Subject Classification for Autism Spectrum Disorder Using Machine Learning and Radiomics

Weidong Luo [1], Yu Miao [3], Sebastian Magda 1, Aziz M.Ulug [1,2], Robert K. Haxton [1], Robert Melton [1], Linh Le [1,3], Chris Airriess [1]
[1] Cortechs.ai Inc., [2] Bogazici University, [3] University of California, San Diego

Introduction
Autism spectrum disorder (ASD) is a neurodevelopmental brain disorder characterized by symptoms
such as diminished reciprocal social skills. Previous studies showed that people with ASD may have
different neuroanatomy such as larger gray matter volumes. Further studies revealed enlargements and
reductions of various brain structures in ASD subjects. Brain volumetric information might be used to
create a valid machine learning model to help clinicians and researchers understand the relationship
between ASD and neuroanatomy.

Hypothesis
Brain volumetric measurements can be used to differentiate autism subjects from normal subjects.

Methods
A cohort of sixty-nine (all males, 8-16 years old) ASD subjects’ brain MRI images were acquired from the National Database for Autism Research (NDAR). 386 (194m, 192f, age-range 3-21 years old) age
compatible normal subjects from Pediatric Imaging, Neurocognition, and Genetics (PING) database
managed by the UCSD Center for Human Development (CHD) included in this study. Data included age, gender, and T1-weighted MRI scans. All data had been processed by NeuroQuant (Cortechs.ai Inc, San Diego, CA 92130), a fully automated brain segmentation software tool.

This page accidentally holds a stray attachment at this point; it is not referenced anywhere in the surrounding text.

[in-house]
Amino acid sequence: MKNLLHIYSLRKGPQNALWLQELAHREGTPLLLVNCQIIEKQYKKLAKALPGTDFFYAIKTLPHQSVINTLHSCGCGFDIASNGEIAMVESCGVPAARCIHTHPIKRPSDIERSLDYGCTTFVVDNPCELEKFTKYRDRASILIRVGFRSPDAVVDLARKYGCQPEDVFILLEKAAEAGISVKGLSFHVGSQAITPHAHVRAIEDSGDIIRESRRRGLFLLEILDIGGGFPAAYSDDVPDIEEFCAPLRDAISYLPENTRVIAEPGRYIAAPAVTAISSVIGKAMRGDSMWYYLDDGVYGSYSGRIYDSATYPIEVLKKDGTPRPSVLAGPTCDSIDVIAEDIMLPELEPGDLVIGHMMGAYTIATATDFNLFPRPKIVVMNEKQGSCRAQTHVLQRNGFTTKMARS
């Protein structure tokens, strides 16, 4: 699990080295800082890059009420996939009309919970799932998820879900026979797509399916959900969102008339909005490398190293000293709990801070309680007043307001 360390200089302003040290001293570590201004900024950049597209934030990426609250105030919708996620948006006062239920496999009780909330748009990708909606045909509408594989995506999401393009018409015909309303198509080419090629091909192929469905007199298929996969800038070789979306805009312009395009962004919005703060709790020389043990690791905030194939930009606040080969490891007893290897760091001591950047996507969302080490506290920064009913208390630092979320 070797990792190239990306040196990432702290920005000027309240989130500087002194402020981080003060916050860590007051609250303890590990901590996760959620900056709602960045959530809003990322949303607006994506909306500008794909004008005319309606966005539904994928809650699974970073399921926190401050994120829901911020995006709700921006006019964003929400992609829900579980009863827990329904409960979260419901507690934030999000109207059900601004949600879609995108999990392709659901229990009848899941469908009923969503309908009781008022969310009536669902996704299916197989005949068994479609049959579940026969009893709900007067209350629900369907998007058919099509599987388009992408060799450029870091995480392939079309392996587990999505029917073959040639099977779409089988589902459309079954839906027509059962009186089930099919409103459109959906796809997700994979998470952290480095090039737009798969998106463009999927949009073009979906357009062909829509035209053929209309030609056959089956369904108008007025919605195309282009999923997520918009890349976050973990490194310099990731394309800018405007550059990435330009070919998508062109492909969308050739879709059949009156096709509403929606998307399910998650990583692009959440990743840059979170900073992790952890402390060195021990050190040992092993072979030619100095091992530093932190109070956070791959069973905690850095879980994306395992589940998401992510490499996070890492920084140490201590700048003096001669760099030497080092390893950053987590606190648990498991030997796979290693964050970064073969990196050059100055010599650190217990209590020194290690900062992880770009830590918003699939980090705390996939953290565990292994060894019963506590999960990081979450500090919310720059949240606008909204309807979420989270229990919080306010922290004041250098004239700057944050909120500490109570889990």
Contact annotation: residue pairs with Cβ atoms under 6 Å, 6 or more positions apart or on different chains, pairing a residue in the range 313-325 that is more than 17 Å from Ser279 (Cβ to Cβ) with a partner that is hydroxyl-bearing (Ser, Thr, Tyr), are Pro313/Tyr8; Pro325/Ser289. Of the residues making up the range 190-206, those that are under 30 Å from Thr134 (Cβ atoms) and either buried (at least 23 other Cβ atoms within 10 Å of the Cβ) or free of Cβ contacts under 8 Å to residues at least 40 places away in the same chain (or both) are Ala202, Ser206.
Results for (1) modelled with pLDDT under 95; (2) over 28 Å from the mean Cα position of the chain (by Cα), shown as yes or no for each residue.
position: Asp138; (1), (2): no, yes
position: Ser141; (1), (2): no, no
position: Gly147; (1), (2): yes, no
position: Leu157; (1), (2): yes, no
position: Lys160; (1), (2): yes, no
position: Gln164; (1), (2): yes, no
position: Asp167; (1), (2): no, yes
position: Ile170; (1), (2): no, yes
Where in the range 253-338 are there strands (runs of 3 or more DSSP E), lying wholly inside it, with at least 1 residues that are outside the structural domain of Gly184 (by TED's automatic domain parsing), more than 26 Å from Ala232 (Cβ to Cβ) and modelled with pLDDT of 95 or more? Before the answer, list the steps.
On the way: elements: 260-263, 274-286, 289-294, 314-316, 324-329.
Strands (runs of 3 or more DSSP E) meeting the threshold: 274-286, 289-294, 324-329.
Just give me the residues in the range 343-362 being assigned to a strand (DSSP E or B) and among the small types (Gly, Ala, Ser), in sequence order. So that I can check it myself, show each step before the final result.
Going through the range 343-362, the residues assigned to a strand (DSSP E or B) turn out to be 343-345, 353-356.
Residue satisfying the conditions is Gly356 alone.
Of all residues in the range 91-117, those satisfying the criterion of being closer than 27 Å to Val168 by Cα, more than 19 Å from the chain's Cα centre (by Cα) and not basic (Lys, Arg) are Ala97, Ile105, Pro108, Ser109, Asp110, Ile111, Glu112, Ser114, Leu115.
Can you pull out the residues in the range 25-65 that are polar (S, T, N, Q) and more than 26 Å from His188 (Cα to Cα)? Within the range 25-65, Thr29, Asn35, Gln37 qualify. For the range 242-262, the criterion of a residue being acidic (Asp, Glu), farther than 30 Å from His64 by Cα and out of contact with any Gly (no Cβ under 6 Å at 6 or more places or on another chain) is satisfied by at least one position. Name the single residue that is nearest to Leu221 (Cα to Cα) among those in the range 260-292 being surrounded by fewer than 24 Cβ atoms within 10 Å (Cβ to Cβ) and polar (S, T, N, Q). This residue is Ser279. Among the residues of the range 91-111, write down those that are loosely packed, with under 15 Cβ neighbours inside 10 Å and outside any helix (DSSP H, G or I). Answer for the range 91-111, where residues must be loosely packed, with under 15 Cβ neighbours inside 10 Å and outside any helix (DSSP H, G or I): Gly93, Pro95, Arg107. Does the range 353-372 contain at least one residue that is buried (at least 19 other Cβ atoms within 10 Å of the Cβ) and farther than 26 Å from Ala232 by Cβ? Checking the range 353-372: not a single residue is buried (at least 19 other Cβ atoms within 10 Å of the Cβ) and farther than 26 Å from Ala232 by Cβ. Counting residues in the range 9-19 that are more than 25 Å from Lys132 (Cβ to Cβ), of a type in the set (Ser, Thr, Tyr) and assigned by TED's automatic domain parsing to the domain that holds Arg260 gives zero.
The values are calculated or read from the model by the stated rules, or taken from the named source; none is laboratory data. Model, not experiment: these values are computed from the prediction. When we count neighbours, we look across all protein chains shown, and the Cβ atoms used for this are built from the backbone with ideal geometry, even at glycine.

NeuroQuant uses a probabilistic Bayesian classification method and dynamic atlas technique for brain
segmentation. NeuroQuant outputs 57 structure volume measurements normalized by intracranial
volume (ICV). Random forest algorithm was implemented for modeling and 2/3 data were randomly
picked-up for training and the rest of the data were used for testing. Random Forest algorithm is a
widely used machine learning algorithm that combines thousands of randomly generated decision trees.

Due to the imbalance between normal and autism data set, the random forest algorithm is set to be
aware of this imbalance. In order to help the reader to visualize the relationship, we plot the proximity matrix. Multidimensional scaling implemented on this similarity can be used to divide the original data points into groups for visual exploration.

Results
The autism classification model based on random forest algorithm and brain segmentation showed high Area Under Curve (AUC) 0.97.

The key parameter of the model is shown as follows:

Precision Recall F1-score AUC
Normal 0.94 1.00 0.97 0.97
Autism 1.0 0.70 0.83

The top six features in terms of importance are shown as Frontal Poles, Cerebral White Matter,
Transverse Temporal, Inferior Frontal, Temporal Poles and Hippocampi. In order to illustrate the visual
relationship of the autism and normal subjects, we plotted the proximity matrix after multidimensional scaling and also used a normal subject outside of the training and test data pool. The plot showed the normal and autism data were well separated. The individual test patient data that is free of autism is located well within the normal data cluster.

Figure 1, Plot of data similarity after multidimensional scaling


Conclusion
This study showed the brain volumetric information can effectively be used for creating a machine
learning model that can classify the normal and autism subjects.

Statement of Impact
The machine learning model based on rain structure volumetric information extracted from T1 weighted structure MRI might help clinicians to identify those who are ASD and help them to get better treatment.

Keywords
Autism spectrum disorder, magnetic resonance imaging, Random Forest, machine learning, brain
segmentation.

Presented at the SIIM 2020 Annual Conference

X